Building an Improvised Shelter


Depending on your usage, sometimes, building an improvised shelter (also called as Basha) can be more convenient than carry a tent. 

This is because an improvised shelter is lightweight and does not take up as much space as compared to a tent. 

Here, we will go through the basics of building a simple shelter.


Items needed:

  • Tarpaulin sheet / Flysheet / or any form of waterproof canvas or plastic sheet large enough to form the shelter
  • A few ropes. A longer rope to act as the main line, and 4 additional shorter ropes as guy lines
  • At least 4 tent pegs
  • Two Trees



  1. Find an ideal spot where the ground is flat and the two trees are at a suitable distance apart. Tie the main line across the two trees at a height suitable for your needs. 
  2.  Spread your tarpaulin across the line.
  3.  Secure the four corners using the shorter guy lines and pegs


Some Tips:

  • Things to consider to determine the suitable height: How big is your tarpaulin sheet? Do you need to stand underneath the shelter? Are you using it for sleeping, if so, do you need better protection from wind and rain etc?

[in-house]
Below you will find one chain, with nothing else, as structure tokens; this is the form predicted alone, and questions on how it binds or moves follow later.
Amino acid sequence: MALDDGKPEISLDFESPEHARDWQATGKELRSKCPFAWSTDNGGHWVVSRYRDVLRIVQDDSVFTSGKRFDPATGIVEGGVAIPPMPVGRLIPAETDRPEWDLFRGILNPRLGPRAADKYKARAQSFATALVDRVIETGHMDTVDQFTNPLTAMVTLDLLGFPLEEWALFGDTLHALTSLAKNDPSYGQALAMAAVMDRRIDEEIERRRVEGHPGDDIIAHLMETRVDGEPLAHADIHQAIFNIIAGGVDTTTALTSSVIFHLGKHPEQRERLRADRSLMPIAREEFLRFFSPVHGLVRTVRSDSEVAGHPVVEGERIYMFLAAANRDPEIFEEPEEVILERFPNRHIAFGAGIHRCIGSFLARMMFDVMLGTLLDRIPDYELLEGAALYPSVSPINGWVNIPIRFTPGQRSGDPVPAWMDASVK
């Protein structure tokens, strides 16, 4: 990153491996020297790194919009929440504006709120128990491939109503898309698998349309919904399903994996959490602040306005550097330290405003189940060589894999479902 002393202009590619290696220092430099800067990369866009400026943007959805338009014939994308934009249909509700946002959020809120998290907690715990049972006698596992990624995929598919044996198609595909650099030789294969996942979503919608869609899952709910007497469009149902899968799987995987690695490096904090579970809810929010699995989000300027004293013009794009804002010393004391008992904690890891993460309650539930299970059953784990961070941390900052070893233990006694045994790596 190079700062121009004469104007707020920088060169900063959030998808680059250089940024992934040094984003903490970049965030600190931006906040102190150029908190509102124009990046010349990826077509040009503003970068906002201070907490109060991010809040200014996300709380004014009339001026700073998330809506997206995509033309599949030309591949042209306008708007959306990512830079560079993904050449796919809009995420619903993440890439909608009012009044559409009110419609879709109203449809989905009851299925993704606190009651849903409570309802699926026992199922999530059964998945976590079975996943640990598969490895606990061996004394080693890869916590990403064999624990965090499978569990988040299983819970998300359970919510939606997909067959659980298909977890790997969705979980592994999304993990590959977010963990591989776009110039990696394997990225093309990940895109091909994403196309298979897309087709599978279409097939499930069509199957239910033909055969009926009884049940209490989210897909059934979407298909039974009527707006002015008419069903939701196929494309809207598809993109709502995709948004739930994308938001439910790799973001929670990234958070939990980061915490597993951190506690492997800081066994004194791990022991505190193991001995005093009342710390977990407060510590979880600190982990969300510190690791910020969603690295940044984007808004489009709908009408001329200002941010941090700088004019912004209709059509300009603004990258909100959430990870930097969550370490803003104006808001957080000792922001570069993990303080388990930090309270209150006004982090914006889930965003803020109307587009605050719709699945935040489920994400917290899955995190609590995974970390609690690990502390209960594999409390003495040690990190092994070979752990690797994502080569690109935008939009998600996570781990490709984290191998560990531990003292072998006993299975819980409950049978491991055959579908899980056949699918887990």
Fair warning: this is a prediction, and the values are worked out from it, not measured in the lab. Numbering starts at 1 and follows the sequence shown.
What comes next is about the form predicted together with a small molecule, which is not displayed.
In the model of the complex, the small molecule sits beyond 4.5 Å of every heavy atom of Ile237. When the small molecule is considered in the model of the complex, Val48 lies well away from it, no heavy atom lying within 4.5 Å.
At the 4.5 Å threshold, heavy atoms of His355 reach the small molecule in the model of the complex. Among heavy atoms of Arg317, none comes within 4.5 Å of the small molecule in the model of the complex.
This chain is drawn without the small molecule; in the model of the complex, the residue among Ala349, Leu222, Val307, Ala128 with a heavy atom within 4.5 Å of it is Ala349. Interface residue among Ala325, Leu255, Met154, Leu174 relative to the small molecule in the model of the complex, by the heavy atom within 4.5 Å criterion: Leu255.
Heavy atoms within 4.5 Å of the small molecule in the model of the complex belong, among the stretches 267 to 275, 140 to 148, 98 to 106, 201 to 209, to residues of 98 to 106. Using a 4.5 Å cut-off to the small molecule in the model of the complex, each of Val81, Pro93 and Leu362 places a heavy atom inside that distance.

• Most shelter heights are at about waist level. This provides enough headroom while sitting down. 
  • While tying the main line, use the alpine butterfly knot to increase tension on the line. This will prevent the line from slacking when the tarpaulin is spread on top of it.
  • Tie off the main line using the round turn two half hitches. That my personal favourite knot for this usage as it hold securely.
  • While securing the four corners of the tarpaulin, do the opposite corners first. 
  • Use the tautline hitch to adjust the length of the guy lines so that you can achieve equal tension among the corners without retying.
  • Stake the pegs into the ground at 45 degrees for maximum hold.
  • Tent pegs always go missing easily. Bring extras with you. One of the easiest way to improvise when you do not have pegs is to tie off to a sturdy rock.
  • You can add a ground sheet on the ground if you intend to use the shelter for sleeping.


Credit: Jason Jones Flickr. Creative Commons License 

Posted in Campcraft.

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